FIG. 12 is an enlarged side elevational view of a portion of the connector of FIG. 11, showing a split ring prior to entry into the receptacle

FIG. 13 is a schematic top view of the split ring employed with the embodiment of FIG. 11, shown detached from the connector of FIG. 11 and in the natural, expanded condition.

FIG. 14 is a schematic top view of the split ring of FIG. 13, shown in a contracted position.

FIG. 15 is a top view of the lock ring of the connector of FIG. 11, shown removed from the connector and showing the split ring in dotted lines and in a natural condition.

FIG. 16 is a top view of the lock ring of FIG. 15, and showing the split ring in dotted lines in a contracted position.

FIG. 17 is a sectional view of the connector of FIG. 11, and shown in partially inserted into the receptacle.

FIG. 18 is a fragmentary side elevational view of a portion of the connector of FIG. 17, showing the split ring in a contracted position.

FIG. 19 is a sectional view of the connector of FIG. 11, showing the connector fully inserted and locked in the receptacle.

FIG. 20 is a partial sectional view of the housing of the connector of FIG. 11, taken along the line 20-20 of FIG. 12.

DETAILED DESCRIPTION OF THE INVENTION

Referring to FIG. 1, subsea connector assembly 11 includes a receptacle 13 located at the sea floor and facing upward. Receptacle 13 is a cylindrical member welded or otherwise secured to a piling 14 that is embedded in the sea floor. Receptacle 13 has a cylindrical bore 15 with a plurality of receptacle segments 17 spaced circumferentially around the inside surface of bore 15. Each receptacle segment 17 has a grooved locking profile 19 formed on it. Profile 19 may vary and in this example comprises two parallel grooves, as illustrated in FIG. 4, the grooves being perpendicular to the axis of bore 15. Receptacle segments 17 are circumferentially spaced apart from each other by vertical receptacle slots 21 that are smooth recesses formed in the sidewall of bore 15.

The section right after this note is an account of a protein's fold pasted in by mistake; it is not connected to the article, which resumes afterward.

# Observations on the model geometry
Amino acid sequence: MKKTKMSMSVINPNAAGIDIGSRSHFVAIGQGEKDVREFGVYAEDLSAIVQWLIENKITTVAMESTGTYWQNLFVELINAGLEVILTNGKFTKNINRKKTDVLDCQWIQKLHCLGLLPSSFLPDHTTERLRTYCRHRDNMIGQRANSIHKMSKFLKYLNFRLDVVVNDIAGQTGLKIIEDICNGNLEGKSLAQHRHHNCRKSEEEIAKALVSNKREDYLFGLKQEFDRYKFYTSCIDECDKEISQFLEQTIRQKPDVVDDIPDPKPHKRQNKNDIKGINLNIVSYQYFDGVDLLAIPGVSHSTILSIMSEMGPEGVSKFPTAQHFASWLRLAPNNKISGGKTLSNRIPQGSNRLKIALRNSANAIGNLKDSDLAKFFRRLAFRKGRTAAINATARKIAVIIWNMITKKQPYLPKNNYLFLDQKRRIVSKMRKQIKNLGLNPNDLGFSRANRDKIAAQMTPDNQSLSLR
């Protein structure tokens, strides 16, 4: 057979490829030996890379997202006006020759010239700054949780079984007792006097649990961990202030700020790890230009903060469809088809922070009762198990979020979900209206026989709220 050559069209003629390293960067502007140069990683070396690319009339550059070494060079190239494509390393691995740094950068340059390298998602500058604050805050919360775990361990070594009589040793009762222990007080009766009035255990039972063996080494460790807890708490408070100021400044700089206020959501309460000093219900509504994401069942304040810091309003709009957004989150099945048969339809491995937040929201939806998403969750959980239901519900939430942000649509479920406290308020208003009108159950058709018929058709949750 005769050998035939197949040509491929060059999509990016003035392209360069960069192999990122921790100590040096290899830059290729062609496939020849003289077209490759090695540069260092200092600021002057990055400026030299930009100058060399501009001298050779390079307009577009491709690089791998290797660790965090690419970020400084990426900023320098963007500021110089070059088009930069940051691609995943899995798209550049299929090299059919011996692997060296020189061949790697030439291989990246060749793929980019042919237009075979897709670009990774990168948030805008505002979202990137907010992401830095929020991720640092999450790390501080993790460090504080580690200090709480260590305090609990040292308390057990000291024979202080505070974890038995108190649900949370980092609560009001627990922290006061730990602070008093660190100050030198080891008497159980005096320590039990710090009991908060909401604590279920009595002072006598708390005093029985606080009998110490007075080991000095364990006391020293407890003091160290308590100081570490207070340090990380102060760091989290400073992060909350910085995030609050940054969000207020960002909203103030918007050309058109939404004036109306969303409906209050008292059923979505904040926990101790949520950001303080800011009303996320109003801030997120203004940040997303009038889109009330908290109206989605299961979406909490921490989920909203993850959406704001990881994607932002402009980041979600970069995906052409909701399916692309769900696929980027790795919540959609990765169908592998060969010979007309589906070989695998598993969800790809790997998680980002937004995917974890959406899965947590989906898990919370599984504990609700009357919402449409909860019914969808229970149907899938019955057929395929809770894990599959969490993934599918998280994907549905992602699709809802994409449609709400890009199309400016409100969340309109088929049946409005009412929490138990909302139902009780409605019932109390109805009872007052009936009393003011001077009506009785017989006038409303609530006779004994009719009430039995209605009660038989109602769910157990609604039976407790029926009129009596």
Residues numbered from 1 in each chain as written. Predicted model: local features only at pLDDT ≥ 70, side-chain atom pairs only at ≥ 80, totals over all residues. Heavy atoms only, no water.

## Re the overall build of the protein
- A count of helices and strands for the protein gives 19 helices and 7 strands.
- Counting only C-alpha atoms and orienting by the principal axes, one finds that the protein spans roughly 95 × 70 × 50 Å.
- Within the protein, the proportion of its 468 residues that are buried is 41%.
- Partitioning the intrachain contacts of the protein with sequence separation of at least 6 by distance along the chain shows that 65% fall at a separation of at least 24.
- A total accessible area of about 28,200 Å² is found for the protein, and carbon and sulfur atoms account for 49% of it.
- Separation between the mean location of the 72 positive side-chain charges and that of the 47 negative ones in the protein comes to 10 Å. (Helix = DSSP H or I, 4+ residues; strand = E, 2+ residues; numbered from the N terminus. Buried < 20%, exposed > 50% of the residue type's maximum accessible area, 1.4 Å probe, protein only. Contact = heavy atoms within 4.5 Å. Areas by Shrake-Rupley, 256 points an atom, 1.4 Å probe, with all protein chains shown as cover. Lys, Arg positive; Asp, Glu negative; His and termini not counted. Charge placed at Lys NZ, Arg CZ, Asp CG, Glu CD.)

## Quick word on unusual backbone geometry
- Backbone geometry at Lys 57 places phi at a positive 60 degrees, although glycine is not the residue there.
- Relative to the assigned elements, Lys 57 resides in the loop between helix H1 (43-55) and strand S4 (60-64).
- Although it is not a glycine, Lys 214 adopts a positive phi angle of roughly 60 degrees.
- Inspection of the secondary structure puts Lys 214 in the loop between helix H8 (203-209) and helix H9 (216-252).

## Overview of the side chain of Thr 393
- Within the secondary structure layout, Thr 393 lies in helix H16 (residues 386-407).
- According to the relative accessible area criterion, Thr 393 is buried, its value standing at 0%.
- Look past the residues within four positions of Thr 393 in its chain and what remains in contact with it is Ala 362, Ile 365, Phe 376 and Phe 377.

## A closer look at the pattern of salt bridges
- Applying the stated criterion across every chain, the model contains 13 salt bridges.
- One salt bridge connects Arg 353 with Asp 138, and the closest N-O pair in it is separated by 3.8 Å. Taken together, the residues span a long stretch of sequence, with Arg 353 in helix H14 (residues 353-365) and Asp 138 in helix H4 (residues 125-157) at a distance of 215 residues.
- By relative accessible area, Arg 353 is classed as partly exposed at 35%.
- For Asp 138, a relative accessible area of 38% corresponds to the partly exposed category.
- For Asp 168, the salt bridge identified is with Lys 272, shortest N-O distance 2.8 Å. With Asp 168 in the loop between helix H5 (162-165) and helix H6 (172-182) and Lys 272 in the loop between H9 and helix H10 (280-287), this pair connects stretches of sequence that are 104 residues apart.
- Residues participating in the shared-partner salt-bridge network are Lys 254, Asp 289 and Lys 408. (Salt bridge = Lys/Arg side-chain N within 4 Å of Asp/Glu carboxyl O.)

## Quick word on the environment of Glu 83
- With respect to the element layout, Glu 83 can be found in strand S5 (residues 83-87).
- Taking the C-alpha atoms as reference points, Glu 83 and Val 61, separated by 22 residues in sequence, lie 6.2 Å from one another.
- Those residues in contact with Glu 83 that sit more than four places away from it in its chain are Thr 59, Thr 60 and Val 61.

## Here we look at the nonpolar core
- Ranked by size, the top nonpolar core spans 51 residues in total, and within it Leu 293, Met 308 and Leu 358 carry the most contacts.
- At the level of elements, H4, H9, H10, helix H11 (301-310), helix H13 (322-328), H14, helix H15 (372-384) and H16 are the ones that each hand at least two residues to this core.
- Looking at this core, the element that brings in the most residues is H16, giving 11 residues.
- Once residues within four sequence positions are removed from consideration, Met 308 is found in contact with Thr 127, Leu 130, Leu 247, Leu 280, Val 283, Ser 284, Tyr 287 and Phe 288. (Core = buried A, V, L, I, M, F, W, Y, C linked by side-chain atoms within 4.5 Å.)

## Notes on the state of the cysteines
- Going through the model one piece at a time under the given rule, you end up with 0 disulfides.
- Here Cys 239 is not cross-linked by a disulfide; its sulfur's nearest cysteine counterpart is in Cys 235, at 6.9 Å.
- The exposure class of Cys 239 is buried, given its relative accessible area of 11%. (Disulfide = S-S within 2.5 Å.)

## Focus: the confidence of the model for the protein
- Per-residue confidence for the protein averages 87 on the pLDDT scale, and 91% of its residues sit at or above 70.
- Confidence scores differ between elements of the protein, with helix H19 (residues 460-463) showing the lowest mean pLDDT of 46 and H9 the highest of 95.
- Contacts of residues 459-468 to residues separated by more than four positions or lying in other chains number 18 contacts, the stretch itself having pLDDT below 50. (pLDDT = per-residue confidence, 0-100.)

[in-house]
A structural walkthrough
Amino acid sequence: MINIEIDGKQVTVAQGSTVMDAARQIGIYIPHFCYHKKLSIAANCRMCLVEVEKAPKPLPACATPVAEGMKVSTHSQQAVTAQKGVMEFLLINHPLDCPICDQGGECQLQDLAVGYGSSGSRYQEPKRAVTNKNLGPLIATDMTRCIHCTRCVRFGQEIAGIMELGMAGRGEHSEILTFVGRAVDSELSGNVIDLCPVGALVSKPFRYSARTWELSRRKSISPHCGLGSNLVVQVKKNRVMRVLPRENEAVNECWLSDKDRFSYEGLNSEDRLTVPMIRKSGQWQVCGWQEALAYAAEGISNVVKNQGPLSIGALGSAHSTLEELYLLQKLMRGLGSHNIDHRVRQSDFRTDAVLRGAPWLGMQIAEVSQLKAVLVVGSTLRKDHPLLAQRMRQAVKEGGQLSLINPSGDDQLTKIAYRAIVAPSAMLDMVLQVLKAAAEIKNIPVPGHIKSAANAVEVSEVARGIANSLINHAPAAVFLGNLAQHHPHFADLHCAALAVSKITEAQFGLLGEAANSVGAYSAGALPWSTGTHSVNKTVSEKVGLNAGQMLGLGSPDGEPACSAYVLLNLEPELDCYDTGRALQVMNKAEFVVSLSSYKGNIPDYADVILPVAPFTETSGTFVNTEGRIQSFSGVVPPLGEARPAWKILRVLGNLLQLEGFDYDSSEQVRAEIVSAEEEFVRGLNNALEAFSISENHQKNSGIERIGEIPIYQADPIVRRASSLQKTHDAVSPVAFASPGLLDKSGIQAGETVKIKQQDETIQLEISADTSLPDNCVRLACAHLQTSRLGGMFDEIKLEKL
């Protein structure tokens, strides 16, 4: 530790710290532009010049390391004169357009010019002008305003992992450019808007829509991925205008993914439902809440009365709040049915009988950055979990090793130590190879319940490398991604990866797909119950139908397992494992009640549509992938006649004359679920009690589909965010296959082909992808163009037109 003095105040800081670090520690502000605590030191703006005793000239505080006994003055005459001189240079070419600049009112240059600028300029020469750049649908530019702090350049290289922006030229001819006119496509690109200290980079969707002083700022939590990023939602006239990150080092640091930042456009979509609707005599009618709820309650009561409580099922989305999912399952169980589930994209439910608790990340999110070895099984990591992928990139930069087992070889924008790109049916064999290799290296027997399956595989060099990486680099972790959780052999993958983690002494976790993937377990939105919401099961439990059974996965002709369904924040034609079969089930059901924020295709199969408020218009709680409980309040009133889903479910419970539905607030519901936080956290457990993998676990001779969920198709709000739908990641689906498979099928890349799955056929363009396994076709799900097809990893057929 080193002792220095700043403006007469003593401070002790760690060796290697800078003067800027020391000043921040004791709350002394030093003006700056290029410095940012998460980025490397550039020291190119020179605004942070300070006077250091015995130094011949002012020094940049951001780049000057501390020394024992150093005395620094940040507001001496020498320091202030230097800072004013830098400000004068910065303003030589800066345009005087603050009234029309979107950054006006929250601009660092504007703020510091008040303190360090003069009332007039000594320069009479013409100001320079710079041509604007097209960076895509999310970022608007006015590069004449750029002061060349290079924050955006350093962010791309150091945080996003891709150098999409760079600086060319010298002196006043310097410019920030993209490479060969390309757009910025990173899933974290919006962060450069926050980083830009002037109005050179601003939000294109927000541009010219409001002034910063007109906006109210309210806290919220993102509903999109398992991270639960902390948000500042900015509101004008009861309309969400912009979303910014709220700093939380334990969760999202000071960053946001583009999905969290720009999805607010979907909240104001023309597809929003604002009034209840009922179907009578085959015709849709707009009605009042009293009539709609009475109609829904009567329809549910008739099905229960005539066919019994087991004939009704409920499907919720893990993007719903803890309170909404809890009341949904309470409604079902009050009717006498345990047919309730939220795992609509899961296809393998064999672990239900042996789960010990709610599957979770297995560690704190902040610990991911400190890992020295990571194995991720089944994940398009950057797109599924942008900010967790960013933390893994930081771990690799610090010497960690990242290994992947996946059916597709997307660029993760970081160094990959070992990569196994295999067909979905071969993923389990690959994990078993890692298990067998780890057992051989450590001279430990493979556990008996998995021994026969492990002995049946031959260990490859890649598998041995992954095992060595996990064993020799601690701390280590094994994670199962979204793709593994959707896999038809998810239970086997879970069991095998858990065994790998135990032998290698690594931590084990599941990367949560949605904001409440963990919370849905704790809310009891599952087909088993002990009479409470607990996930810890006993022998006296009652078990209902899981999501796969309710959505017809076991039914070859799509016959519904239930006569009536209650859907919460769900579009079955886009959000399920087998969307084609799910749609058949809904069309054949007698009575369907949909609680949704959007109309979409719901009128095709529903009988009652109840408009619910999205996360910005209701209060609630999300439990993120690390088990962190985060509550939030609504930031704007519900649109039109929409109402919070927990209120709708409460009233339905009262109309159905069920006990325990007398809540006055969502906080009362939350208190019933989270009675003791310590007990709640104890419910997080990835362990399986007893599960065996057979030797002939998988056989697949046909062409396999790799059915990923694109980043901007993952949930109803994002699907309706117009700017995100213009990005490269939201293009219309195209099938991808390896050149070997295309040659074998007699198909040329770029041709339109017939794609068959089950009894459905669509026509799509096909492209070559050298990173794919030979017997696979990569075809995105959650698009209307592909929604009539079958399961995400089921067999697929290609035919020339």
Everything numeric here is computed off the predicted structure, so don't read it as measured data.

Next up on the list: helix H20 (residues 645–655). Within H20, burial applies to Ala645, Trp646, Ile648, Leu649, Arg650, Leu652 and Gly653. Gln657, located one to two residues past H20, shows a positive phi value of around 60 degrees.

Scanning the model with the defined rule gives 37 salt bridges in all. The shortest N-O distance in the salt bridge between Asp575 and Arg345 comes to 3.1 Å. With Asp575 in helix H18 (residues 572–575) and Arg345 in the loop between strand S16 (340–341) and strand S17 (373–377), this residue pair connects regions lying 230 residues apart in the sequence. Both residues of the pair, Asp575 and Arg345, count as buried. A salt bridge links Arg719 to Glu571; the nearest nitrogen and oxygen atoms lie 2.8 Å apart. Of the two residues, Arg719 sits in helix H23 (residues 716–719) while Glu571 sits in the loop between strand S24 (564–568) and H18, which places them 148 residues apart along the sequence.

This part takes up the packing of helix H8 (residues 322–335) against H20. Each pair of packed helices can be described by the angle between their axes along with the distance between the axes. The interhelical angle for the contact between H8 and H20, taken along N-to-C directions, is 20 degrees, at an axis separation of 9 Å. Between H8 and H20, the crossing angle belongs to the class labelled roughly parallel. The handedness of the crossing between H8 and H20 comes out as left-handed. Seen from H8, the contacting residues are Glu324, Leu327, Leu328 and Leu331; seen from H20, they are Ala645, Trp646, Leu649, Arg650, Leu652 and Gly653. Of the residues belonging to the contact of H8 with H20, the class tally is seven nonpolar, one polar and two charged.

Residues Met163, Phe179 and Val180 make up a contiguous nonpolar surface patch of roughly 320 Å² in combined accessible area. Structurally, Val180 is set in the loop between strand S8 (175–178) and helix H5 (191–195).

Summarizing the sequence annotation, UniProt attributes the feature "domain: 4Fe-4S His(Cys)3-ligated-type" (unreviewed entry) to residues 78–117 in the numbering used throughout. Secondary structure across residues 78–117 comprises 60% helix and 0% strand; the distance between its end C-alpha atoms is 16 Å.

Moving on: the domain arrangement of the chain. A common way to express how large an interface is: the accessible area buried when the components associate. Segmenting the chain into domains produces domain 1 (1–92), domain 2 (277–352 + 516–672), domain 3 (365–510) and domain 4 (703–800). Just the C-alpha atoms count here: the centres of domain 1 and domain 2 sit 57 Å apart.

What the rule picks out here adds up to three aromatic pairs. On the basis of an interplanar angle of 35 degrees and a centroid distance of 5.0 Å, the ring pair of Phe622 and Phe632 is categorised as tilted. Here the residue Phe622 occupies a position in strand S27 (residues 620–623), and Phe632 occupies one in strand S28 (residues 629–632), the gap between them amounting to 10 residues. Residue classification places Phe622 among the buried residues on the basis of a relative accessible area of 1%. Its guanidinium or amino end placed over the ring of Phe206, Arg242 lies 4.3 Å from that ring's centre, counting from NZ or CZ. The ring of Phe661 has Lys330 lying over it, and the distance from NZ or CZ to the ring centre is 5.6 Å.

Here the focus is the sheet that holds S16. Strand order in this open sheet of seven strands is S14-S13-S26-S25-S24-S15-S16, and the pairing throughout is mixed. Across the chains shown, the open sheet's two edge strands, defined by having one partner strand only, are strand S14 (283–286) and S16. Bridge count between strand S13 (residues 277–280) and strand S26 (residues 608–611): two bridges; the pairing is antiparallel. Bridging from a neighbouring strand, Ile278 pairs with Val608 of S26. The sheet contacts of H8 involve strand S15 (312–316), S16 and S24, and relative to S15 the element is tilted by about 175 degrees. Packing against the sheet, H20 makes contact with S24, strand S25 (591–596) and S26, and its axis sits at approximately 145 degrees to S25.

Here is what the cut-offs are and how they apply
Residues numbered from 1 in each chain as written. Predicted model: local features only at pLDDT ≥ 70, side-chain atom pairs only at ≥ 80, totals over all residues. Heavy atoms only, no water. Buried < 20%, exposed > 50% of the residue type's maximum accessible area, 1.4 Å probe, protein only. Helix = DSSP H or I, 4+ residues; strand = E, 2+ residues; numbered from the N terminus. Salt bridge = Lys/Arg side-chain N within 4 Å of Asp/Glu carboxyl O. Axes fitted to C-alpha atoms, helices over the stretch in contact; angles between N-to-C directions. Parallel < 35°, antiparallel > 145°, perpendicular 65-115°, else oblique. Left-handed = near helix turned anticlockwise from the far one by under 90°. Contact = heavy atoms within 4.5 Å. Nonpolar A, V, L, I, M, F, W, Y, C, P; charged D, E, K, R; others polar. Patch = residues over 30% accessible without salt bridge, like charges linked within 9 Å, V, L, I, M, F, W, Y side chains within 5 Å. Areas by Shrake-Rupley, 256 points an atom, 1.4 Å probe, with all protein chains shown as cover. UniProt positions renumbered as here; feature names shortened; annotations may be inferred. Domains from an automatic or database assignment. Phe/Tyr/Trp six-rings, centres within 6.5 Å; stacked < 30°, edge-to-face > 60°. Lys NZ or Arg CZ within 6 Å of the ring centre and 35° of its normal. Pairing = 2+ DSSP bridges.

Receptacle segments 17 may be formed by first machining annular grooved profile 19 completely around the inner diameter of receptacle 13, then machining vertical receptacle slots 21 across the profile to define receptacle segments 17. Preferably, each receptacle slot 21 has the same width as each receptacle segment 17, as illustrated in FIG. 3. Each receptacle slot 21 has a greater axial length than grooved profile 19 in this embodiment, resulting in the lower portion of each receptacle segment 17 below profile 19 being smooth and at the same inner diameter as bore 15.